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Lesley Griffiths AM, Cabinet Secretary Energy, Planning and Rural Affairs

First published:
20 September 2018
Last updated:

This was published under the 2016 to 2021 administration of the Welsh Government

Last week I attended the Global Climate Action Summit in San Francisco with other global leaders from Government, business and civil society from around the World to “Take Ambition to the Next Level”.

Wales has a longstanding commitment to taking action on climate change. We were the first Fair Trade nation in the world and most recently, Wales became the first country in the world to legislate for delivering the United Nations’ Sustainable Development Goals (SDGs) with the Well-being of Future Generations (Wales) Act 2015. In times of global adversity and change, it is particularly important we continue to work and engage with other partners on one of the biggest challenges we face.

At the summit, I attended the Under2 Coalition General Assembly, to which Wales was a founding signatory. Over the last few years the coalition has grown in strength and numbers, with 206 jurisdictions, from 43 countries and collectively represents nearly $30 trillion in GDP, equivalent to nearly 40% of the global economy. Together, the Under2 Coalition are taking over 2,300 climate actions across key sectors such as buildings, energy, transport, land use and more. I was proud to hear at the Assembly, Wales is once again confirmed as a Steering Group Member for Europe and look forward to working with partners over the next few years in taking action on climate change and sharing learning.

Wales recognises our global responsibility role. For a country, which was once at the forefront of the industrial revolution with the biggest coal port in the world, we recognise we have to transition to a low carbon clean economy. This is why at the Summit, Wales signed up to the Powering Past Coal Alliance with 9 other members, which now brings the Alliance up to 74 members. The Alliance led by Canada and the UK Government consists of Governments, cities and organisations who are committed to moving the world from burning coal to cleaner power sources.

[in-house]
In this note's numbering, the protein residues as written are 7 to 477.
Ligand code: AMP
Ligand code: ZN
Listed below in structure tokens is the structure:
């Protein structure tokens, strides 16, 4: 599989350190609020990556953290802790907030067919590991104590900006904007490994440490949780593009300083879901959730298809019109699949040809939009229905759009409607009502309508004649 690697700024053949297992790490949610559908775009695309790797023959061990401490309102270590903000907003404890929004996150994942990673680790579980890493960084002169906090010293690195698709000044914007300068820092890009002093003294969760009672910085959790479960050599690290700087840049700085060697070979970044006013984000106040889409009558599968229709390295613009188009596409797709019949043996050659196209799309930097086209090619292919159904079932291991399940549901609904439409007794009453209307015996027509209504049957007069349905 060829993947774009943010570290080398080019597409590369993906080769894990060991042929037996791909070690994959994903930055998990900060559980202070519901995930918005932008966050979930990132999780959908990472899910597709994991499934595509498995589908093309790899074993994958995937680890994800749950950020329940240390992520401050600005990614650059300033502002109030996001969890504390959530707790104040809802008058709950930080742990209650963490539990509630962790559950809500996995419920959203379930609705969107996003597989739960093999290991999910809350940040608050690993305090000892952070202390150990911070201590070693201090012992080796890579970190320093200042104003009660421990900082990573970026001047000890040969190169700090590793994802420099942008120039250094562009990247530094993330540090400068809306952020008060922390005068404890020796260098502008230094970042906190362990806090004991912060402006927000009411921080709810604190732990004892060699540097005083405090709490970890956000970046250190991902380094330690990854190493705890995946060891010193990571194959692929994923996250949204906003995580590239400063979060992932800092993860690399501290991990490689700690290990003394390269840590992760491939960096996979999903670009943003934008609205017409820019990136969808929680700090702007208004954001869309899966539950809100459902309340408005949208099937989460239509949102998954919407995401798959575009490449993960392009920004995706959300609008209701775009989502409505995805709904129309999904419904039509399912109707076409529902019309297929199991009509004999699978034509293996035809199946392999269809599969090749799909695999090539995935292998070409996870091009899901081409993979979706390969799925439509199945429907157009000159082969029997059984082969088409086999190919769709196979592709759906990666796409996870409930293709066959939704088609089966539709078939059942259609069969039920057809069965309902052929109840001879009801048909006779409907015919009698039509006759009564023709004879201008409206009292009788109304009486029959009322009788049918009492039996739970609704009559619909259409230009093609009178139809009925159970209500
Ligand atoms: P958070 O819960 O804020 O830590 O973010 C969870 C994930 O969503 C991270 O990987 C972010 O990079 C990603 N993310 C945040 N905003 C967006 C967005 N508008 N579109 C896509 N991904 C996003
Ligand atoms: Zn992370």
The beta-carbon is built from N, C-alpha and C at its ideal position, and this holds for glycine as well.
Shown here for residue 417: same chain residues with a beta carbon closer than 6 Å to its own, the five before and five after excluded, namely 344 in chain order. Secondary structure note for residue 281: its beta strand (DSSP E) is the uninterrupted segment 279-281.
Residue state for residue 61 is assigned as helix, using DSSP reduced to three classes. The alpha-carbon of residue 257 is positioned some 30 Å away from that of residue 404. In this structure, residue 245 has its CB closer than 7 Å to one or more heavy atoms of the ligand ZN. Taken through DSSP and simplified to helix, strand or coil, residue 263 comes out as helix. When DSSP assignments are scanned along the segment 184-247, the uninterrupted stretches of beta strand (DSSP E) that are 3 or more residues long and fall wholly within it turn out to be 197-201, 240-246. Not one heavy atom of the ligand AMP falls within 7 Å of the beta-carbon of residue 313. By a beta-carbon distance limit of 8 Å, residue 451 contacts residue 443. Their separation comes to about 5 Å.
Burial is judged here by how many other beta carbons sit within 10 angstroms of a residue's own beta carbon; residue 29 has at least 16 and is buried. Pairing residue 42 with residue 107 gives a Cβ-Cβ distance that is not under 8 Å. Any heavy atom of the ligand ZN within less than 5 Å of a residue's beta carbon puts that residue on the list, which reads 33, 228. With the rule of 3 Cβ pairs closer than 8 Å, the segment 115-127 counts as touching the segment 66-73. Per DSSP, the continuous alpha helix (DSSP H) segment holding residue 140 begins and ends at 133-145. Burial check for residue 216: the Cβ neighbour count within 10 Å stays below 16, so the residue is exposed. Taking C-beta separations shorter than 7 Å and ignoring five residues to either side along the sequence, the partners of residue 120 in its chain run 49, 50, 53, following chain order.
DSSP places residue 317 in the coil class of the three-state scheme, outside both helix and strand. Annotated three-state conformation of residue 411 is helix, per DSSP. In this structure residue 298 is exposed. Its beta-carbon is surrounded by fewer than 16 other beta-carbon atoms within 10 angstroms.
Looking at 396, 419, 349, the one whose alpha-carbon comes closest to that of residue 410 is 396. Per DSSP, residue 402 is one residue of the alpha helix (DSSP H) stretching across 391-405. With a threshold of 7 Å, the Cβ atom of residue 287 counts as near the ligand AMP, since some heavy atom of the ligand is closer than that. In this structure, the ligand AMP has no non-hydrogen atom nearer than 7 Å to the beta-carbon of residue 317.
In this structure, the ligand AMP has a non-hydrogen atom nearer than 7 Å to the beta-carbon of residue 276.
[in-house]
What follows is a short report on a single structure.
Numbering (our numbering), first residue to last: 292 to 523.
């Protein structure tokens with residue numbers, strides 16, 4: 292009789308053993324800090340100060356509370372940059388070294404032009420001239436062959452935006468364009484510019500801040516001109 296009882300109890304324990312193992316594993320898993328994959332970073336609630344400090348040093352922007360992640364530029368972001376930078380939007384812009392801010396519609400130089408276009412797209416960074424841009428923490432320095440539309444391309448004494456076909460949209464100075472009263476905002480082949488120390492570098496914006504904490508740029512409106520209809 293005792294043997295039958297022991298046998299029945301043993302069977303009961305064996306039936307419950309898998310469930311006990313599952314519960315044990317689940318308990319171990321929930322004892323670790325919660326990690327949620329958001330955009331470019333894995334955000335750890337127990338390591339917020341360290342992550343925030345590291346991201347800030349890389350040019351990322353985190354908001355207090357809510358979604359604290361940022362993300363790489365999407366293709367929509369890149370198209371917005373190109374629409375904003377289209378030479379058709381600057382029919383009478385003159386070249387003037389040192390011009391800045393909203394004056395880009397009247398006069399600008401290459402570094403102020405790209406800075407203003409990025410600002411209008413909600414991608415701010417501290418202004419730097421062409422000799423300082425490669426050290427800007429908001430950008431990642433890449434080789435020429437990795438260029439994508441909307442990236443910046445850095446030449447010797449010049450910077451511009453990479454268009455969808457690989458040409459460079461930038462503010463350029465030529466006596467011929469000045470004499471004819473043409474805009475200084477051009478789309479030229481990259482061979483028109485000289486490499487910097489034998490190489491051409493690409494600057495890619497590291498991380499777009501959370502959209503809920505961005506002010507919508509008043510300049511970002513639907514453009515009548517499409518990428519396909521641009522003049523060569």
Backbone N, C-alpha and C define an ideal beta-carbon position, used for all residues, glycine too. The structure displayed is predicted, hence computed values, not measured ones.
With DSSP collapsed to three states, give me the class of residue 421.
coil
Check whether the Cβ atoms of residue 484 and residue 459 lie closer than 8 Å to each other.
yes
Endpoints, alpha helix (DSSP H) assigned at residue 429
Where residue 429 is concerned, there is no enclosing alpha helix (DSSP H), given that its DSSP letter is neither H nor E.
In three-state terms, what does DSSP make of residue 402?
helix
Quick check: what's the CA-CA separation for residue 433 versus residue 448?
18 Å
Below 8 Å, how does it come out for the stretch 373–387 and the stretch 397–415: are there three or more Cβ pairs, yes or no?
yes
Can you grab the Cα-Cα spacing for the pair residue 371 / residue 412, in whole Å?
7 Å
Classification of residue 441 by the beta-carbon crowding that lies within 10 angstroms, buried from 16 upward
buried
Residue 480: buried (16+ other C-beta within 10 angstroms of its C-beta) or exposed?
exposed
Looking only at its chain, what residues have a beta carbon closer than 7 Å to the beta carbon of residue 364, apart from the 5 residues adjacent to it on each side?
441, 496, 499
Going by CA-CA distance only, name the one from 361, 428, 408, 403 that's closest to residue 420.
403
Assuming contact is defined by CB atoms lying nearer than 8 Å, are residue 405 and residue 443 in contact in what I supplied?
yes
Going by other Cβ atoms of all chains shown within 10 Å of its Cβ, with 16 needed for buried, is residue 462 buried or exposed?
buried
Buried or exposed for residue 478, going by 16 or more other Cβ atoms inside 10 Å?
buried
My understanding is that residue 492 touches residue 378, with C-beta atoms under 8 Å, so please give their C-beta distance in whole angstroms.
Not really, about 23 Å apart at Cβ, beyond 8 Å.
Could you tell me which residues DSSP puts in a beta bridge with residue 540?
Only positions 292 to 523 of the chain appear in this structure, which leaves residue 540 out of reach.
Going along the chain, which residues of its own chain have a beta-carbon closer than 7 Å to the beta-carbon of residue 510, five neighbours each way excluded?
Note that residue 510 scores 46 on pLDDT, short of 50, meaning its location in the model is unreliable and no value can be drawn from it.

Alongside joining others in the Alliance, we also recognise we can help others to transition. The vision of the UN’s Sustainable Development Goals is that of a shared sustainable developed world, in which no one is left behind. Climate change is not an issue we can solve as individual nations but one of which we need to take collective action. This is why Wales has once again committed to supporting the Climate Group’s Future Fund, recognising our global responsibility and because it is essential to work together on this global challenge.  This fund is aimed at strengthening developing and emerging economies at the state level, enabling them to undertake bold climate leadership, build capacity, and facilitate knowledge-sharing.

I also shared our learning on what we are doing in Wales in areas such as waste, where we have gone from being nearly at the bottom of the EU recycling league in 2000 to now being first in the UK, second in Europe and if Wales was recognised as a nation state, we would be third in the world. I was proud Wales was recognised as a leading region in the area of waste and featured in the Rocky Mountain Institute international carbon free handbook, which looks at no regret actions around decarbonisation.  Although we have made progress in this area, we are not complacent and at the summit, Wales signed up to the C40 Cities’ Advancing Towards Zero Waste Declaration alongside some of the world’s leading cities & regions.

The success of our transition and everyone else’s transition will only come if we share our learning, ideas and actions. Summits like these provides a perfect opportunity to do this and I held a number of bilaterals with other States and Regions such as British Columbia, Baden-Württemberg, the Basque Country and Quebec as well as sharing what Wales is doing through talks and panel discussions.

The wider learning and best practice from the summit, along with responses from our consultation “Achieving our low Carbon Pathway to 2030,” which is open until 4th October, will help to shape our future actions and help us achieve the multiple opportunities a low carbon economy brings.